The main advantage of using administrative data was availability of individual level records on self-reported mental health and socio-economic status for almost the entire population exposed to aircraft noise around Belfast City Airport. The overall 2011 Census response rate (92%) was considerably higher than for survey-based aircraft noise studies [3, 26], reducing response bias risk. Participants were included from the full adult age range, rather than restricting analysis to middle aged and older people (> 40 for NORAH  and ≥ 45 for HYENA ). This is important because there are strong trends in poor mental health prevalence with age in this population (Table 2) and excluding those under 40 would exclude a large proportion of those burdened with poor mental health. In this population poor mental health is most commonly found in combination with other conditions  and so a strength of our study was that we accounted for the presence of physical health conditions that appear to have a strong influence on mental health.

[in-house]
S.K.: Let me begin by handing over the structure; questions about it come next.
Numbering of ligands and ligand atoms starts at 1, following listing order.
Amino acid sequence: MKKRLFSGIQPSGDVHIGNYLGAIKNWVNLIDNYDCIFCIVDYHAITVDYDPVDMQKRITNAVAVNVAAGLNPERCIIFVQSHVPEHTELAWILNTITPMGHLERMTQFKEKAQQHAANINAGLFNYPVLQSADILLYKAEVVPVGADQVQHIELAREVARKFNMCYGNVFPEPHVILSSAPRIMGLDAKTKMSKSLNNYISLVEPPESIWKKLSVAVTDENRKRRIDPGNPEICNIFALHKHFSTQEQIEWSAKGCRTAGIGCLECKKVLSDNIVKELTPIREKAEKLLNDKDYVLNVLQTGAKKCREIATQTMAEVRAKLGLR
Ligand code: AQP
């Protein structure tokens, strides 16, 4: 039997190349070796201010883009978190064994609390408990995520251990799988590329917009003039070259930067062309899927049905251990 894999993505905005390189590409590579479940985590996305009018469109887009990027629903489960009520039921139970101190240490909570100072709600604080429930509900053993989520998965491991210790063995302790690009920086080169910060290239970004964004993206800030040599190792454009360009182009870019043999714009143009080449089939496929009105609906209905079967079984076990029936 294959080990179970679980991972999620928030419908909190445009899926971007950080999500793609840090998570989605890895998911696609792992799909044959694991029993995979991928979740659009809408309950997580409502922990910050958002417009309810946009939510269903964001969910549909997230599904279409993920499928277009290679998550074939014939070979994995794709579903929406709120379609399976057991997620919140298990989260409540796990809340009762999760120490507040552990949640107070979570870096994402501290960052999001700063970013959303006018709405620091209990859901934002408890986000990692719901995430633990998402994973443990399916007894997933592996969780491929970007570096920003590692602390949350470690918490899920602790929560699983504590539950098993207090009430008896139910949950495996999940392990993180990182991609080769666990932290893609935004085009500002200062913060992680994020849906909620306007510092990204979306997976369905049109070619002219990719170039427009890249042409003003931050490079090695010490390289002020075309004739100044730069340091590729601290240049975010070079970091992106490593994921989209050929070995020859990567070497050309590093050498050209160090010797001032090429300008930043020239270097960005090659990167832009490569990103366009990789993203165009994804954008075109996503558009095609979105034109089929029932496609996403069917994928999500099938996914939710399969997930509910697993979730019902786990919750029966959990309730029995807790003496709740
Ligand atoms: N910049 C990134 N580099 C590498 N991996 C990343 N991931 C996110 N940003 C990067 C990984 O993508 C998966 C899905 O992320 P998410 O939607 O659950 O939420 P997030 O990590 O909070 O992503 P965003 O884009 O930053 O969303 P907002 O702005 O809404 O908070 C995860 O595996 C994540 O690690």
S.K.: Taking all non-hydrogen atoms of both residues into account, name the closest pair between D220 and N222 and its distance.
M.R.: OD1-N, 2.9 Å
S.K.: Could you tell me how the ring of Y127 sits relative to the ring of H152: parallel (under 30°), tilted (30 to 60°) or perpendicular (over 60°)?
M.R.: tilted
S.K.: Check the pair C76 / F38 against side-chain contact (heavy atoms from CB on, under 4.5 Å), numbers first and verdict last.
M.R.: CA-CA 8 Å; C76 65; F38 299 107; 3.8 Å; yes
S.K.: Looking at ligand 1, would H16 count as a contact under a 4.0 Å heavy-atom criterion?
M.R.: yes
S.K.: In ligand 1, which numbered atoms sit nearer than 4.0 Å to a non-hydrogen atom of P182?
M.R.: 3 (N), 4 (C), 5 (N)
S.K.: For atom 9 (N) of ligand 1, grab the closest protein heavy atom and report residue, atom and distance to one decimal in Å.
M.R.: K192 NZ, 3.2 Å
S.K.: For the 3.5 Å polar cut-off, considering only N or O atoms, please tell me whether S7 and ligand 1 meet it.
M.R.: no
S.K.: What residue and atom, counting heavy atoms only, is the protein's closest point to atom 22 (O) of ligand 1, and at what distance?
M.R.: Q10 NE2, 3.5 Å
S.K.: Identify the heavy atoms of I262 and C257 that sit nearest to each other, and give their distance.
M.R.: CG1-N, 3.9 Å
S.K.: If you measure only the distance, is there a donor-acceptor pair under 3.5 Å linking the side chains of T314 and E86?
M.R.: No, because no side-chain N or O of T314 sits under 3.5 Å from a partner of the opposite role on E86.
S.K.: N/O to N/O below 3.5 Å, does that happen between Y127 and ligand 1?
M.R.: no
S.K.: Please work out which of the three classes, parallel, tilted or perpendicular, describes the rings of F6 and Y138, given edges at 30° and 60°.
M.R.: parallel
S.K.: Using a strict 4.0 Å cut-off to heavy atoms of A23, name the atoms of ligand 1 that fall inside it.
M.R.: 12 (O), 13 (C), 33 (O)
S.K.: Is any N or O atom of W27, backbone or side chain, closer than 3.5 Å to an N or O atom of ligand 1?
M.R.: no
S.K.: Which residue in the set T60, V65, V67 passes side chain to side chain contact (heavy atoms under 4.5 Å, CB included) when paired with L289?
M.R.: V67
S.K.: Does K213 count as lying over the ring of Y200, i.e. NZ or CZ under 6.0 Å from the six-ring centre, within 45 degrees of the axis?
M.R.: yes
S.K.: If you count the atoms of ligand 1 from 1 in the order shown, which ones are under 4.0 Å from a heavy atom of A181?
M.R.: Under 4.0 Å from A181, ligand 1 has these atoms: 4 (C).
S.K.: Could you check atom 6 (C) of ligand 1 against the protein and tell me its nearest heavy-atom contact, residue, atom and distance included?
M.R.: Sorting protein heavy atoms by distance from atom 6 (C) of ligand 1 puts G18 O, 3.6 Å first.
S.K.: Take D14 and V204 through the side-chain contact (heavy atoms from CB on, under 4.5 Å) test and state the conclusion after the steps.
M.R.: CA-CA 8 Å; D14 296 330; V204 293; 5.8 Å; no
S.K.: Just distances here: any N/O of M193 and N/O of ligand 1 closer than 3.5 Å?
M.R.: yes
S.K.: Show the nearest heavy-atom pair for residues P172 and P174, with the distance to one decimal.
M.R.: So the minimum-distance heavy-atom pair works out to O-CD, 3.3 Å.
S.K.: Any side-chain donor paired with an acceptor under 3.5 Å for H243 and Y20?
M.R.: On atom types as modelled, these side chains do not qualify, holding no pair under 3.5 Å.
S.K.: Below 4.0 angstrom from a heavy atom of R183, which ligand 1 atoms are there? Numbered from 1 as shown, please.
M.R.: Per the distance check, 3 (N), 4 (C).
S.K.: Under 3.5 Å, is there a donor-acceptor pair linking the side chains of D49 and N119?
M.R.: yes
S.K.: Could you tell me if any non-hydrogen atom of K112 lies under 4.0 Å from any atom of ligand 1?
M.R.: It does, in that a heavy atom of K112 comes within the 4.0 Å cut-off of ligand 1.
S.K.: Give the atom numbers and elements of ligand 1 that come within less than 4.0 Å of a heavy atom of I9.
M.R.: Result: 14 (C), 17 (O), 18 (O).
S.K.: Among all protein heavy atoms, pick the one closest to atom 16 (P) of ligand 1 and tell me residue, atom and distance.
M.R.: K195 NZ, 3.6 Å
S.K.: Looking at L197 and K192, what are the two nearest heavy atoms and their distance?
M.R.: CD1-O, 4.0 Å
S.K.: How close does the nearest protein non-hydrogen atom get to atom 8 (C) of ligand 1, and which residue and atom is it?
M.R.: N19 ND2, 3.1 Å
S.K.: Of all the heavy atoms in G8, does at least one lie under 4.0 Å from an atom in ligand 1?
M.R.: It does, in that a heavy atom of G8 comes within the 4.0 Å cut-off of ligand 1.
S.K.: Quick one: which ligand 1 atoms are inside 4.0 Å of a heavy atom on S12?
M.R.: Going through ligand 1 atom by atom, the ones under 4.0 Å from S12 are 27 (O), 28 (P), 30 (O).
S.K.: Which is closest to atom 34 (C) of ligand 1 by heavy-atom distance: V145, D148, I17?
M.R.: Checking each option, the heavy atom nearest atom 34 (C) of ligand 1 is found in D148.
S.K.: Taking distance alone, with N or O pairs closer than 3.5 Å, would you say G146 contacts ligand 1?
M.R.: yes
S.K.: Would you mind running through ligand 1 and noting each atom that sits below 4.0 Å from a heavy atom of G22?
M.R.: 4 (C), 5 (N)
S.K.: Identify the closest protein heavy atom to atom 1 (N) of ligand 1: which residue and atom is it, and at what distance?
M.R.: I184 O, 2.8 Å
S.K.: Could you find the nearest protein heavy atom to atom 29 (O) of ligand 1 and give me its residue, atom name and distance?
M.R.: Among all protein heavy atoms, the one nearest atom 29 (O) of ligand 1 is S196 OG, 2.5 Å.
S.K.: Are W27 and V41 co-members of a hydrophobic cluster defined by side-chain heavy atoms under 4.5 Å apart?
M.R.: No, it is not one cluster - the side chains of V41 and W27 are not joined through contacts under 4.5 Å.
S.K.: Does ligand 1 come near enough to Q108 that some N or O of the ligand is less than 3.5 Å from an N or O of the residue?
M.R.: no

A limitation of using existing data was that the available noise contours defined exposure categories with relatively narrow ranges, leading us to aggregate across several of the highest contours to ensure that the sample size was sufficient for accurate estimation. This broad ‘high’ noise exposure group encompassed a range of exposures greater than the difference between the low and high groups, potentially masking variation in responses in the noisiest areas. Also, the lower limit of modelled noise exposure (54 dB) was greater than that used in other studies (e.g. NORAH modelled exposure to 40 dB) meaning that we were unable to investigate the noise-mental health association across such a wide range of exposure levels.